Keeping Your Laptop Lewdness Safe from Border Security - Cool New Gadgets and Gizmos Blog
Laptop Security tipsBorder inspectors keep finding child pornography on people's laptops, but sadly, they can't arrest such creepoids without setting the precedent that it's OK to search every laptop passing the borders.

I know I don't want the government sifting through all of my compromising party photos and/or DIY porn. Oh yeah, I'm also concerned about my rights to privacy and freedom of speech and stuff. As the various cases that deal with this issue wind their way through our nation's courts, Adam Liptak of the New York Times took a look at the various legal arguments which may come into play.

The first federal appeals court to address laptop searches agreed with the government's position that they're allowed to inspect every computer that enters the United States. Sadly, the one judge so far who has come out in support of allowing people to keep the contents of their hard drives from the prying eyes of border inspectors used some pretty crazy reasoning to back up his position. Judge Dean D. Pregerson of Federal District Court in Los Angeles threw out evidence that had been seized from a laptop on the grounds that our computers are inside our minds, man:
Electronic storage devices function as an extension of our own memory, they are capable of storing our thoughts, ranging from the most whimsical to the most profound.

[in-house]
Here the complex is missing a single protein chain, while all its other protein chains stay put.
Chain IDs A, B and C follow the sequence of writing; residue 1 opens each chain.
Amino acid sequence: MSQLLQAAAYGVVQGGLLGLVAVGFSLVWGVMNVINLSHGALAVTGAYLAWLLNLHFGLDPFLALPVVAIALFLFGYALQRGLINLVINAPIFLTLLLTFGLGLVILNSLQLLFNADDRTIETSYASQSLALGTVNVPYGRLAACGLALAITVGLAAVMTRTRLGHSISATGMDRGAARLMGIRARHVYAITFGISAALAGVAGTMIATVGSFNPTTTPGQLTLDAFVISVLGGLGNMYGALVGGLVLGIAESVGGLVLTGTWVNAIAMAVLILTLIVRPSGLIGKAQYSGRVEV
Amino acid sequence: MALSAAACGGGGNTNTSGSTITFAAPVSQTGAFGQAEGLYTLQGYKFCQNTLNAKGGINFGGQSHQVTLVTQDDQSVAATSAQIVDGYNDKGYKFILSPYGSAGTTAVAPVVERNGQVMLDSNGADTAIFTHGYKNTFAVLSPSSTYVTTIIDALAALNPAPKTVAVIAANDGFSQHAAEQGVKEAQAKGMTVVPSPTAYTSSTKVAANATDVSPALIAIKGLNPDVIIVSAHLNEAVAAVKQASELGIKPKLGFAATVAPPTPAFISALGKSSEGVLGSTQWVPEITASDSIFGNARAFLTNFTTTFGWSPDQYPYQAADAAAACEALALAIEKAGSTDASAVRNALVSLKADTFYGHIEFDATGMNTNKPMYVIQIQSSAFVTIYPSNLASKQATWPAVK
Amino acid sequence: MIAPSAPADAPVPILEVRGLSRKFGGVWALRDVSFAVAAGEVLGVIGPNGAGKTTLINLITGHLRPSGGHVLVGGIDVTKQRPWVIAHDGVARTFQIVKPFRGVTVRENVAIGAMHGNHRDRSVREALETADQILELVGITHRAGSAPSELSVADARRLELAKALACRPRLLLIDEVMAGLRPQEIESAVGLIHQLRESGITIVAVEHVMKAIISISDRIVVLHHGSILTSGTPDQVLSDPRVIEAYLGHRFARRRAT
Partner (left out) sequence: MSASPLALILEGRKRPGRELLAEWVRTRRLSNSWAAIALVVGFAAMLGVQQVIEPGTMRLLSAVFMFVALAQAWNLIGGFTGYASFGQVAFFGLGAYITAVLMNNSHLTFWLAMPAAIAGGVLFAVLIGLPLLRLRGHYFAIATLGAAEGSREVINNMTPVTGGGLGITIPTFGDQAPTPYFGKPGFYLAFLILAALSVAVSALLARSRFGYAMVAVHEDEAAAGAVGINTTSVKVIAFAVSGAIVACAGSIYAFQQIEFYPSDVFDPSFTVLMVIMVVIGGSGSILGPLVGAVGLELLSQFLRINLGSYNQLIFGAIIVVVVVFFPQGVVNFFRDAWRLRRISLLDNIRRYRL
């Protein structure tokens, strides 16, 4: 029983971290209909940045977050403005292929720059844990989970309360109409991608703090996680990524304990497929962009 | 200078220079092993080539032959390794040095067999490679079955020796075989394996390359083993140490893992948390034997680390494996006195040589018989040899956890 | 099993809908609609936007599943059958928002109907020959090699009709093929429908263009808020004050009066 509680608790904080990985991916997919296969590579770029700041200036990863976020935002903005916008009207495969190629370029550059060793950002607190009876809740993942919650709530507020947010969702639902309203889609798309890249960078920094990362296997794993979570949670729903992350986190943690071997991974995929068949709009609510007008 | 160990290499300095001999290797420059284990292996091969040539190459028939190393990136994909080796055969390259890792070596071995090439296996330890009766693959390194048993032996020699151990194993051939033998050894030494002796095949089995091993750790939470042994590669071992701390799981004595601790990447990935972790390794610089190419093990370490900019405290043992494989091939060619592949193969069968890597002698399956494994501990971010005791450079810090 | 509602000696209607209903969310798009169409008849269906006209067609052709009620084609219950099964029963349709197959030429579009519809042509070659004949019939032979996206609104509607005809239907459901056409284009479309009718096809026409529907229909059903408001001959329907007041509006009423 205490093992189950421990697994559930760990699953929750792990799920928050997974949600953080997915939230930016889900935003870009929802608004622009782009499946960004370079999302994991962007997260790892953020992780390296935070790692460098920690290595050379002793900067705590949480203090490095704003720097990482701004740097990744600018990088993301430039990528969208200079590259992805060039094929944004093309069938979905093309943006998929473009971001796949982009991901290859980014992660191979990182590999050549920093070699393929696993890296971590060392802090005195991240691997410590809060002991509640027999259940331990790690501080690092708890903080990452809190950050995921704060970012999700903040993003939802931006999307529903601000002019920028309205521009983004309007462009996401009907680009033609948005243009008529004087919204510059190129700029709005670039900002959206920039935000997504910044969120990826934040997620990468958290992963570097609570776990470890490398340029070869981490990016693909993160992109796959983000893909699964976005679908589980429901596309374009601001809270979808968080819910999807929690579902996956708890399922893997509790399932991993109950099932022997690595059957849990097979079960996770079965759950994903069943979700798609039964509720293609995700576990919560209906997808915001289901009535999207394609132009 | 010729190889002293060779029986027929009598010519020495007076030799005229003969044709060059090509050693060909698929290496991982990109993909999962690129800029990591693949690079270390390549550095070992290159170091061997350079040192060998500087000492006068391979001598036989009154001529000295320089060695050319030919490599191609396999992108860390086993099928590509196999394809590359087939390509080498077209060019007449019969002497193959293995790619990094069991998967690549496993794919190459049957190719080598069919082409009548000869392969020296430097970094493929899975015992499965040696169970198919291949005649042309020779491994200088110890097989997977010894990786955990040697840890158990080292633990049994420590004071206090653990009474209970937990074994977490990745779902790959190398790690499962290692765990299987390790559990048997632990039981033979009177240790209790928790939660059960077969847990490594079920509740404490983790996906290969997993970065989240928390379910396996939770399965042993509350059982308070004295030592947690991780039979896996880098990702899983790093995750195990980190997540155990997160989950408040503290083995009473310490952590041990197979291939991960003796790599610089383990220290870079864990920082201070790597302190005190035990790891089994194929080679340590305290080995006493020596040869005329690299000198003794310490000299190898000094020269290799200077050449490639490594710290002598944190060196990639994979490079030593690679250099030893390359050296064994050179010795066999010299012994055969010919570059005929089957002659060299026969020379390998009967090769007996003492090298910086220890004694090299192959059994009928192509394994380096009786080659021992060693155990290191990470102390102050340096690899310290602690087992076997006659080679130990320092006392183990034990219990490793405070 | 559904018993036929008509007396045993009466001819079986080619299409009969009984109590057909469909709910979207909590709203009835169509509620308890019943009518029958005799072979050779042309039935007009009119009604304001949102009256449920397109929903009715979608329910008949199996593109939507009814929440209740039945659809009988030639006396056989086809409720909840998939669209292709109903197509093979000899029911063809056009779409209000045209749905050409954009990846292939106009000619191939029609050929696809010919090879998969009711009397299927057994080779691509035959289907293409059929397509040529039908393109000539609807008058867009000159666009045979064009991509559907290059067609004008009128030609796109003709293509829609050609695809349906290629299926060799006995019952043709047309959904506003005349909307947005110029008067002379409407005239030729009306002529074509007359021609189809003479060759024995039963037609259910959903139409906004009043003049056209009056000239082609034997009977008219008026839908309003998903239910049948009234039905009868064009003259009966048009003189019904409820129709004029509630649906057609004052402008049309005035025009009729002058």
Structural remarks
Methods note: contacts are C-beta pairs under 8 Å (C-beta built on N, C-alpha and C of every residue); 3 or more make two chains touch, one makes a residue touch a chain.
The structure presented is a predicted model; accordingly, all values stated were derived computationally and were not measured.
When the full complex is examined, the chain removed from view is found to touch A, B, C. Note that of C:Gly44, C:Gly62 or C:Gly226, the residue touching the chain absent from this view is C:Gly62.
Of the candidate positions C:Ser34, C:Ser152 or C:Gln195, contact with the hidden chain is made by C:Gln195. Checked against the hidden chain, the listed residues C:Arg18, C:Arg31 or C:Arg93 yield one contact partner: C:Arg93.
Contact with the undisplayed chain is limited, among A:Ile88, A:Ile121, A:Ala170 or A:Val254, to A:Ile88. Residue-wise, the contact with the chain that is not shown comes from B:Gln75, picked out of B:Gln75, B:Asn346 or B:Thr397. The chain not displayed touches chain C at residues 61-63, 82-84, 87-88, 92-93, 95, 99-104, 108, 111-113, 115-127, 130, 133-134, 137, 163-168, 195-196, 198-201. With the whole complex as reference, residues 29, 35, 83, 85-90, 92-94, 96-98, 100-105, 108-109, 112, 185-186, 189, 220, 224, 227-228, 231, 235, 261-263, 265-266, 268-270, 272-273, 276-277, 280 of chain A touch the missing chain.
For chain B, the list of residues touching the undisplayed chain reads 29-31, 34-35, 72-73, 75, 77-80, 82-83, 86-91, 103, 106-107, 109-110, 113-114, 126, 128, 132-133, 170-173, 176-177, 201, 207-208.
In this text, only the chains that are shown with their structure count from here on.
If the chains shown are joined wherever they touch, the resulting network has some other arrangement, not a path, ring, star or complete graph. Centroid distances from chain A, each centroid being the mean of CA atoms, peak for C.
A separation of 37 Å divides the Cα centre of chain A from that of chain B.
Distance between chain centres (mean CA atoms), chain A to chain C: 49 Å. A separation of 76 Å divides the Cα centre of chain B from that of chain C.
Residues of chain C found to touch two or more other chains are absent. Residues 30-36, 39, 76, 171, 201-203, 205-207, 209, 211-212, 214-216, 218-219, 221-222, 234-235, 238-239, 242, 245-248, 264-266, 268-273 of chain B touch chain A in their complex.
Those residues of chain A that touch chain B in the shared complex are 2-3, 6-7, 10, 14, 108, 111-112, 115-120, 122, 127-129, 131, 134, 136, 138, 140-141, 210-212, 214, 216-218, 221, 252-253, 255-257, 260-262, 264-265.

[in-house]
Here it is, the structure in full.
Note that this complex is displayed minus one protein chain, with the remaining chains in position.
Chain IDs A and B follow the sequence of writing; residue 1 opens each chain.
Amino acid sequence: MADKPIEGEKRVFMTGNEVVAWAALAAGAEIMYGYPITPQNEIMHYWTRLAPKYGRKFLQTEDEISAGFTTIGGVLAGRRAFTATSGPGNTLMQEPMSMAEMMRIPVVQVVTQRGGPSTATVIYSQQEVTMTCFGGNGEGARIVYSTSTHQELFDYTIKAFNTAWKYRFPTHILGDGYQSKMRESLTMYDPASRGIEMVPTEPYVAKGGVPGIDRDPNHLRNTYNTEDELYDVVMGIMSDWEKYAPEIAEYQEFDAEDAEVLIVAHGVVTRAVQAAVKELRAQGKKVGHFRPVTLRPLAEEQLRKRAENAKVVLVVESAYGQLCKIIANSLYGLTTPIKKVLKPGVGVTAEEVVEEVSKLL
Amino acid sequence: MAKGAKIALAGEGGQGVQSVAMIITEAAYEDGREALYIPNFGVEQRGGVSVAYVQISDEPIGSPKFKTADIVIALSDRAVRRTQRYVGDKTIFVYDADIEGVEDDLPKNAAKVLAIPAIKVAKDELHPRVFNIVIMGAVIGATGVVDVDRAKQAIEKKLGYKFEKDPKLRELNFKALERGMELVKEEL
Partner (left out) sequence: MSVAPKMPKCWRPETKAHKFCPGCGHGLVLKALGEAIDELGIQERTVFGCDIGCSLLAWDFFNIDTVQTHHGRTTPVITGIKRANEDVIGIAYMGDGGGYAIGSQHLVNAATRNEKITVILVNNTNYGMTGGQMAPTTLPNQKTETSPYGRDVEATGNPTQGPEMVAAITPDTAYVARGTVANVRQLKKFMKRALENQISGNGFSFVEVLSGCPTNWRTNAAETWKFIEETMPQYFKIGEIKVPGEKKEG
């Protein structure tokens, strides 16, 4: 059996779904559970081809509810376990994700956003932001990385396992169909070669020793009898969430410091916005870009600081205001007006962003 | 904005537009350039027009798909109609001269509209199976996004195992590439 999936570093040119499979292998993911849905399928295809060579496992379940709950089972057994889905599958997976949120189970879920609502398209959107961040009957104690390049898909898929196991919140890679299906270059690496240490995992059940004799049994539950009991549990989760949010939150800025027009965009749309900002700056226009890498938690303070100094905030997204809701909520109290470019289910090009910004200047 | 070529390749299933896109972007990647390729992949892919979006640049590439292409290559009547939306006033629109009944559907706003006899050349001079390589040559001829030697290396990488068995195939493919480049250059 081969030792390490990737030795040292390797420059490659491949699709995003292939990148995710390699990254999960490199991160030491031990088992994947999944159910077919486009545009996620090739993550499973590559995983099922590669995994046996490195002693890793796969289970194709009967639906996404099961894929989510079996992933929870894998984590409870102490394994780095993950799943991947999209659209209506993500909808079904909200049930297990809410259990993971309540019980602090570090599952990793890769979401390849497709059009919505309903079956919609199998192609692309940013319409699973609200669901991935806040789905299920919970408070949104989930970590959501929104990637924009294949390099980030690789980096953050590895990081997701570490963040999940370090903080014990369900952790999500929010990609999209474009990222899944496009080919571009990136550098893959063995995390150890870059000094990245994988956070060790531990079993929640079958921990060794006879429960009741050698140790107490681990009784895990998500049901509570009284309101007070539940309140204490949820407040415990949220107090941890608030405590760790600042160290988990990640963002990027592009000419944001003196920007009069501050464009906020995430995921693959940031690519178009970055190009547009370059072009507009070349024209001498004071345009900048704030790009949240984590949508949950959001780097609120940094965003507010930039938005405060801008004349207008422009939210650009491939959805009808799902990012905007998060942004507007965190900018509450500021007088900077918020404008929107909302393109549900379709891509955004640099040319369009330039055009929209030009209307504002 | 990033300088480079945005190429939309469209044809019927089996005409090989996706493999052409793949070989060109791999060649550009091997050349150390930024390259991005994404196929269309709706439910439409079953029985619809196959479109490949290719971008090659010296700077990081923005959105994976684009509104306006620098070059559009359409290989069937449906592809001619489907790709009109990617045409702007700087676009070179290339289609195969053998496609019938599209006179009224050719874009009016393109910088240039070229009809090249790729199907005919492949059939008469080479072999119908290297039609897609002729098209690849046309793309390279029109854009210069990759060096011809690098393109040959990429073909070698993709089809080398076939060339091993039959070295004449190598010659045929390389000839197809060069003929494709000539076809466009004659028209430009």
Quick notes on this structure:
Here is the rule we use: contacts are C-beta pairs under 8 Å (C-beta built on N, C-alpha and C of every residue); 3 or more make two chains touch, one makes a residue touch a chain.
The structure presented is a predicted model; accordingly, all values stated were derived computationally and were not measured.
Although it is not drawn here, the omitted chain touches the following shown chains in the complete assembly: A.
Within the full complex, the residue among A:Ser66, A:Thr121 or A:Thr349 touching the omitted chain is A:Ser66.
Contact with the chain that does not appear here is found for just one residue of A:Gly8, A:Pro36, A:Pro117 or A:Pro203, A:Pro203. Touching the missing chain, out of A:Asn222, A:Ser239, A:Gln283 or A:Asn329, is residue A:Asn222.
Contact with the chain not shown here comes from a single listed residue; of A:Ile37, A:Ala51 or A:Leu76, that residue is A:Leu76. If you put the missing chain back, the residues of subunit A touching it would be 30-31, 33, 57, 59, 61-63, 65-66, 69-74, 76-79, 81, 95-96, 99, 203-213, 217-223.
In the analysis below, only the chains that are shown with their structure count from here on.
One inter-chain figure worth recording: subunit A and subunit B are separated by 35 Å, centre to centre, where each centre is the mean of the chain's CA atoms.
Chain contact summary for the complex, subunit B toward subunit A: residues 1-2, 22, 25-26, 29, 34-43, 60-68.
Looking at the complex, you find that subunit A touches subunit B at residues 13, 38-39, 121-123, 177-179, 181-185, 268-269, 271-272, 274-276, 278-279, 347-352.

Unsurprisingly, Judge Pregerson's kooky mind-meld ruling is expected to be reversed on appeal. The Times article says that the judges in the appeals court where Pregerson's decision landed "seemed persuaded that a computer is just a container and deserves no special protection from searches at the border." Luckily for those of us who don't want The Man rummaging around in our machines, there are other legal types who have come up with much better arguments against laptop searches at the border. The Association of Corporate Travel Executives and the Electronic Frontier Foundation filed a supporting brief in one of the laptop search cases which argued that
Under the government's reasoning, border authorities could systematically collect all of the information contained on every laptop computer, BlackBerry and other electronic device carried across our national borders by every traveler, American or foreign." Which the brief describes as, "simply electronic surveillance after the fact.
In spite of the push for laptop privacy, the border is currently, in the words of the Times, "a privacy free zone." But child molesters and other travelers who may have questionable computer content should take heart. The courts have, so far, agreed that encrypted files are off-limits to border inspectors, since forcing someone to give up their password violates the Fifth Amendment protection against self-incrimination.

If Your Hard Drive Could Testify ... [NYT]

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